Witsie pioneer on TIME 100 most influential people

Time Magazine shared its 14th annual list of the 100 most influential people in the world and Wits University academic, Glenda Gray, made it under the ‘Pioneers’ category alongside hip hop artist Chance the Rapper, Ivanka Trump, and actor comedian Jordan Peele.

Gray was chosen by TIME Magazine executive editor Siobhan O’Connor because of her ongoing HIV-vaccine study which has been the largest of its kind ever conducted in South Africa.

“Gray decided to fight the virus and the silence around it through research. Thanks in part to her work on mother-to-child transmission, the number of babies born with HIV has dropped from 600,000 a year to 150,000,” O’Connor said.

According to TIME, the most influential list includes Presidents and Prime Ministers, CEOs and celebrities and others of “less fame but great force, in the power of their inventions, the scale of their ambitions, and the genius of their solutions to problems that no one before them could solve.”

The Witsie has since recieved praise from South Africans for making it on the list.

Gray also made headlines at the beginning of April for being appointed the first African female chair of the Global Alliance for Chronic Diseases (GACD) where she chatted to Wits Vuvuzela about her appointment. She also currently holds the position of the President of the South African Medi-cal Research Council (MRC).

According to Wits News, the Wits Alumni graduated from Wits medical school in 1986 and in 1996 she and James McIntyre co-founded the Perinatal HIV Research Unit, based in Soweto.

Last year a fellow Wits scientist also made it onto the most influential list. Professor Lee Burger was named on the list of Pioneers as well for his explorations into human origins in Africa and the Homo Naledi discovery.

When the Wits professor isn’t busy doing scientific research or fulfilling her duties of chair of the GACD or president of the MRC she enjoys her own quality time. In an earlier interview she told Wits Vuvuvzela that she enjoys listening to music, watching great art movies, swimming or drinking red wine in winter.

Cool Kid

This week’s cool kid features Marco Rademeyer and his very cool hover board.

Fourth year Film and TV student, Marco Rademeyer.

Fourth year Film and TV student, Marco Rademeyer.

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Cool kid on campus: Thando Gumede

Thando Sibongiseni Gumede, a final year Law student at Wits, is not only an Allan Gray Scholarship recipient and a Brightest Young Minds (BYM) awardee, but is also an advocate for the education of black girl children and substantive equality. A self-proclaimed feminist, she remains highly competitive in a male dominated industry.

COOL KID: Thando Gumede, a final year law student is not only interested in Law but in the advancement of black girl children through education. Photo: Katleho Sekhotho

COOL KID: Thando Gumede, a final year law student is not only interested in Law but in the advancement of black girl children through education. Photo: Katleho Sekhotho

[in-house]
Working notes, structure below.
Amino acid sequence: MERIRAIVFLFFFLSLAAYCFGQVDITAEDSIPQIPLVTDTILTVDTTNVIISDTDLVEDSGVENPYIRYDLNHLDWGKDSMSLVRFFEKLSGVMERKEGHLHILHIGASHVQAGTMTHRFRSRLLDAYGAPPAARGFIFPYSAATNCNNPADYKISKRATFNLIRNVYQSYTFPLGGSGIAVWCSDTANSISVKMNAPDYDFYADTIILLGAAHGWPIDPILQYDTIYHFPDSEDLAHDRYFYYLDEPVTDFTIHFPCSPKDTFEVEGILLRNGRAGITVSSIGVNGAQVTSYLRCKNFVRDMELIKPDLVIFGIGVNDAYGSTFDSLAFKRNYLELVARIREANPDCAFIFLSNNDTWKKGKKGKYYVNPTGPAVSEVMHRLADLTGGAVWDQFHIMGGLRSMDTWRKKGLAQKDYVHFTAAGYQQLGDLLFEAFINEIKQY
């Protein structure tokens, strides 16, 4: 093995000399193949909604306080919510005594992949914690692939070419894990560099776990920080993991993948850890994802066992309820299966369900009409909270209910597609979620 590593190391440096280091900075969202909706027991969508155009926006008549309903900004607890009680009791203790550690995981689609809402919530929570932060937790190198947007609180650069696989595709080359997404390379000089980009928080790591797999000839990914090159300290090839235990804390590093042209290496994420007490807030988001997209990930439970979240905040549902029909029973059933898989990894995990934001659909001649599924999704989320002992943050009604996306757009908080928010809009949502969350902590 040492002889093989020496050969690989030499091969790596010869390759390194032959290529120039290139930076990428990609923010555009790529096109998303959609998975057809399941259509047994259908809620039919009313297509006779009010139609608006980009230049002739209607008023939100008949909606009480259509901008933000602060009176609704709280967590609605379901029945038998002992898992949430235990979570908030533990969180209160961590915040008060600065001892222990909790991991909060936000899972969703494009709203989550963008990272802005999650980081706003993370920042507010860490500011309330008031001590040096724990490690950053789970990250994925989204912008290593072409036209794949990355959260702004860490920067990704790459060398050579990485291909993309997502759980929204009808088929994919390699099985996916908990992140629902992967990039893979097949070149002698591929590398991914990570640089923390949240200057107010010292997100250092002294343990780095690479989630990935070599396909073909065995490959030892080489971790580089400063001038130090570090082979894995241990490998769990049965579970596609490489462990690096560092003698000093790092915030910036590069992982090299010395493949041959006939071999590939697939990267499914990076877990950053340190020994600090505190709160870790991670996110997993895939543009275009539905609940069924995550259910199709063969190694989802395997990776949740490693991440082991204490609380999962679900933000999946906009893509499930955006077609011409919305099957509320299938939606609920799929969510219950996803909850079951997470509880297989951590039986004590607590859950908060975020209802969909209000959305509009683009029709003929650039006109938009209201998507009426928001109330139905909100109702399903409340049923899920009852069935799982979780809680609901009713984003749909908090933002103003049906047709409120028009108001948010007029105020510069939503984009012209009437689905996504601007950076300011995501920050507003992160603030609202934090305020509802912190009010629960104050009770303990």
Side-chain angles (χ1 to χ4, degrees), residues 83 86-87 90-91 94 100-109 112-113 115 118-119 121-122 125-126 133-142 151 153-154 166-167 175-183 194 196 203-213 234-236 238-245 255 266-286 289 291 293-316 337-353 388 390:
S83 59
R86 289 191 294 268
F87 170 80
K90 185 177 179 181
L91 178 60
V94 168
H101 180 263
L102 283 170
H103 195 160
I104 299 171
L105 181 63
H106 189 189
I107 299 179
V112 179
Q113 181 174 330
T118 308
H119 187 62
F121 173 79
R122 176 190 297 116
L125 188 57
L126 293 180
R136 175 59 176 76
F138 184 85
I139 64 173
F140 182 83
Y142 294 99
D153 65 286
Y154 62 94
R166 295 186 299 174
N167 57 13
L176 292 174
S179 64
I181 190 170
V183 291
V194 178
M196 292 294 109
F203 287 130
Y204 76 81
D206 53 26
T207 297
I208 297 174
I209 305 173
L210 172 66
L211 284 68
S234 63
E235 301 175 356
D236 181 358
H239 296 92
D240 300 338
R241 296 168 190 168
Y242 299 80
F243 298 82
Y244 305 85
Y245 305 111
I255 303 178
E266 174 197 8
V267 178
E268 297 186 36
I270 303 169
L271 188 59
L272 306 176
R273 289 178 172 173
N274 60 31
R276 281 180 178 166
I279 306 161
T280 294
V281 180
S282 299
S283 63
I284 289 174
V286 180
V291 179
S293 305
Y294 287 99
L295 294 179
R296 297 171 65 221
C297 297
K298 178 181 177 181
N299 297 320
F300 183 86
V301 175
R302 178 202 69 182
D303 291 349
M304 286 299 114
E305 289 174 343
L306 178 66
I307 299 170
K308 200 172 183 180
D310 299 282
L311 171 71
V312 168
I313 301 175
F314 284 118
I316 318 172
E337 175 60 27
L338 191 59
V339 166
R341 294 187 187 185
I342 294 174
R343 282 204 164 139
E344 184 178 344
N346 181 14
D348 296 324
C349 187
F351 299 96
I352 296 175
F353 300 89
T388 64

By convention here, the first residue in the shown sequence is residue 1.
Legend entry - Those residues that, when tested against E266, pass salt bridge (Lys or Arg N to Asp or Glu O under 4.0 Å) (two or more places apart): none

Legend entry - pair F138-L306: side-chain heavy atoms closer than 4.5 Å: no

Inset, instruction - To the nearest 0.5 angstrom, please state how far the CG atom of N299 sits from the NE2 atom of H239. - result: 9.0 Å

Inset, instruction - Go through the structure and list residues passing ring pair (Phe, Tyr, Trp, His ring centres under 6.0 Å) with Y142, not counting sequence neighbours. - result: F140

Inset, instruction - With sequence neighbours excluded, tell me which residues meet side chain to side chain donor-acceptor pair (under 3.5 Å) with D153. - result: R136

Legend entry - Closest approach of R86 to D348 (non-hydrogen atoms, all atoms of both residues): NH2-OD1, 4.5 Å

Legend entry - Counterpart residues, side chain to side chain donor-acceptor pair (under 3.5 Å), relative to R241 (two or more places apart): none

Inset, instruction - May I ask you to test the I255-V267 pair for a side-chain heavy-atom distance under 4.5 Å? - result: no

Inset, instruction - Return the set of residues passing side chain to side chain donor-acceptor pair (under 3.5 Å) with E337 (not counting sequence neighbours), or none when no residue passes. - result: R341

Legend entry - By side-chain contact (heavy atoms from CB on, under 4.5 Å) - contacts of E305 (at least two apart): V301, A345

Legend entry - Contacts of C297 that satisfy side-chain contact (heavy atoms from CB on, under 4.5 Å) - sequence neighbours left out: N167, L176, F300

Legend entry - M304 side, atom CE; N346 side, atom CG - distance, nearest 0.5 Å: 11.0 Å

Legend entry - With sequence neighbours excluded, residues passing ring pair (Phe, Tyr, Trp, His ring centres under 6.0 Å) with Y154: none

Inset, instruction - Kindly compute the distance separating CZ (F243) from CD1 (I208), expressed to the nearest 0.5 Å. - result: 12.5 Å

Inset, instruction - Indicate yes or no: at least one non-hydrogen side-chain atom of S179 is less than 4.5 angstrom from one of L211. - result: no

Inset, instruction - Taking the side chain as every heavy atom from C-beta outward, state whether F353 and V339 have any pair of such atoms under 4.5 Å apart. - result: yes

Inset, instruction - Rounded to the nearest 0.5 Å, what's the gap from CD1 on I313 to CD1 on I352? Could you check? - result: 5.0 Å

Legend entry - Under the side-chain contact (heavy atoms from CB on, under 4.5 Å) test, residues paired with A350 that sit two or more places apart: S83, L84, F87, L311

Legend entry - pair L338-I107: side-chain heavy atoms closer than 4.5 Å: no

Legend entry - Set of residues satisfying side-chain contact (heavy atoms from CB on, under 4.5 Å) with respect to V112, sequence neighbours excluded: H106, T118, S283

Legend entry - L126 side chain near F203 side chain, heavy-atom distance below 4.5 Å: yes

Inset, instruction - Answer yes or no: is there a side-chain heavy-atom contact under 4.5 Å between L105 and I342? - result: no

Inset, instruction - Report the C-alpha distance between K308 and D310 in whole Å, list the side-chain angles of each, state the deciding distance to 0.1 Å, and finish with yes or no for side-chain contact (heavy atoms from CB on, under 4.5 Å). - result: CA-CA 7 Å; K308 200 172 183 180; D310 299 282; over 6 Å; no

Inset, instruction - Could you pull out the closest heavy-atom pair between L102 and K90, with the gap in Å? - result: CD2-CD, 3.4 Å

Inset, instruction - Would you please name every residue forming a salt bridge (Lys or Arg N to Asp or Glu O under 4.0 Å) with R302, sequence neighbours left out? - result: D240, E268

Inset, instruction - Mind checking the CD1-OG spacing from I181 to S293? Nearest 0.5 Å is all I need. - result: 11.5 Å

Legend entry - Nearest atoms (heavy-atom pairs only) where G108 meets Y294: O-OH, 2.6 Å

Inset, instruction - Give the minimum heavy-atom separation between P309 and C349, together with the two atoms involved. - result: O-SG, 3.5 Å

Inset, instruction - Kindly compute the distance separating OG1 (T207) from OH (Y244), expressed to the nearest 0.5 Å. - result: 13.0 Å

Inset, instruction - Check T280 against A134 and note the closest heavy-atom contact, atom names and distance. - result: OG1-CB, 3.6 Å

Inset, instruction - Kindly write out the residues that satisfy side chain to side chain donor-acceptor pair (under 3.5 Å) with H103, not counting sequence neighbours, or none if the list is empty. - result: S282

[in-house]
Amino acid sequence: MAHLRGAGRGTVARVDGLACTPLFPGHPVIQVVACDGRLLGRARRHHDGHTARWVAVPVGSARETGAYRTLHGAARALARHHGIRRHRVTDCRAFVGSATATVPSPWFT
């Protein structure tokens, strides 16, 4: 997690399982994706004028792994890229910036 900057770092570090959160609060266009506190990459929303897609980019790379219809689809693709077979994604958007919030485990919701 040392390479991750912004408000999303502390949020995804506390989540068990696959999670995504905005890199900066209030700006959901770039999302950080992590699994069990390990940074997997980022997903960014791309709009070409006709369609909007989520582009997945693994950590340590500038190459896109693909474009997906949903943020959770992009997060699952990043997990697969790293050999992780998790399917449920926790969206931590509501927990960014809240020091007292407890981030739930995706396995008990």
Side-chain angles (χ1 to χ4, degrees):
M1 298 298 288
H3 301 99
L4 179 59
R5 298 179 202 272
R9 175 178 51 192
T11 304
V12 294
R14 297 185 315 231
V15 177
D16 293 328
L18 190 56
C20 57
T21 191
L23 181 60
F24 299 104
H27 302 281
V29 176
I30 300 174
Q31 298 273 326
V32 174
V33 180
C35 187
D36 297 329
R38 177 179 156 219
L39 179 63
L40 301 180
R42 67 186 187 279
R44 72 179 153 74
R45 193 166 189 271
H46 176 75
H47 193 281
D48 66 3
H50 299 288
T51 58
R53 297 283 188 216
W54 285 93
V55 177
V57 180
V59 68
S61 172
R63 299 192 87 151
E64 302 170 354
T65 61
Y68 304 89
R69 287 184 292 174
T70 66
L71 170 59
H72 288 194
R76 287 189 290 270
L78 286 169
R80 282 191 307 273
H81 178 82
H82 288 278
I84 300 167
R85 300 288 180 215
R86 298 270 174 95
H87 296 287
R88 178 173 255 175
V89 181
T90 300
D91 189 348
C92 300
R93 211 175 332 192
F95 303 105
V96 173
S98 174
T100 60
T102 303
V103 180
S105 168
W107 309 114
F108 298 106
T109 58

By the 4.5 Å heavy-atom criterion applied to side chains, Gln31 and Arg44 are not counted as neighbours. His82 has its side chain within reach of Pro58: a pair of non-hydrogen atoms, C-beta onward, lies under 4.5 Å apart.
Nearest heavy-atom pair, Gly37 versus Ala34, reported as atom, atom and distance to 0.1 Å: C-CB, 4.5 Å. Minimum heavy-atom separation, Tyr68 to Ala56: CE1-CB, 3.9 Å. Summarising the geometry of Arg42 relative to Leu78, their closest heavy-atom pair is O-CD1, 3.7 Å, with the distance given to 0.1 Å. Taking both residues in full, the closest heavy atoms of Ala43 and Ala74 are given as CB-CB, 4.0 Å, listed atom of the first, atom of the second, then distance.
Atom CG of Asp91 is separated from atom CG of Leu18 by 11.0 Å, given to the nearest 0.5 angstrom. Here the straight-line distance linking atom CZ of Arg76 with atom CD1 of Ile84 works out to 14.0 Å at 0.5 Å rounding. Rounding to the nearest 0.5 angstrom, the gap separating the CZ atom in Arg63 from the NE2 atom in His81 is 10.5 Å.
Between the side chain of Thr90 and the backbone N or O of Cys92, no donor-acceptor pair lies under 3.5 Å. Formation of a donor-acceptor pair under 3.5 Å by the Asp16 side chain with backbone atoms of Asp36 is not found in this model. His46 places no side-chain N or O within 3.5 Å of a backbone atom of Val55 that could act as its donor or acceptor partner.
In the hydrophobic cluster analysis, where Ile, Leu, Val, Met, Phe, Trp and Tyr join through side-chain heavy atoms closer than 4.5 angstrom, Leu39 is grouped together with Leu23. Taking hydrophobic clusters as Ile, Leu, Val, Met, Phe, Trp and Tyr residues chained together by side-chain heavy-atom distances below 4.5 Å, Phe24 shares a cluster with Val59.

You are studying Law but also have a keen interest in entrepreneurial activities, why?

Where the world is going is something I like to call cross-educational pollination. It means that gone are the days where law students go to law school to become a lawyer. So now, faculties will be teaching skills, skills that can go anywhere and in any way they want to.

Entrepreneurship is a mind-set where you identify inefficiencies and then solve those problems. So when you have cross-educational pollination, then someone who’s an engineer has got the hopes of becoming the president, not just a politics student.

You were chosen as one of the ‘Brightest Young Minds’. What exactly does that mean and how do you feel to be chosen as one?

It’s about collecting the brightest young minds on the African continent, 100 people all over Africa came together through a selection process. It wasn’t about marks, it was really just about people who presented ideas and presented themselves in a genuine way. All I can say is wow! The event was a great networking opportunity.

What are you currently working on?

There are basically two things I’m working on, it’s a new technology for sanitary pads and the other is a tech company. I’ve written a research paper on that [the former], it was about the right to basic education for black girl children in rural South Africa; one of the hindrances of going to school is [a girls] menstruation, so their biological disposition.

The postulation I make is that I say to the state, it has a constitutional obligation to balance the scales for both boys and girls.

You say you are an advocate for education and particularly substantive education, what does that mean?

Government needs to provide proper sanitation in schools, pads and panties to girls, particularly to girls in that community, either through social grants or making those things freely available to them.

That is called substantive equality. It’s better than formal equality, substantive equality asks why? At the starting line you need to remove all the rocks and boulders that are on the race track for girls to be able to manoeuvre themselves freely and equally.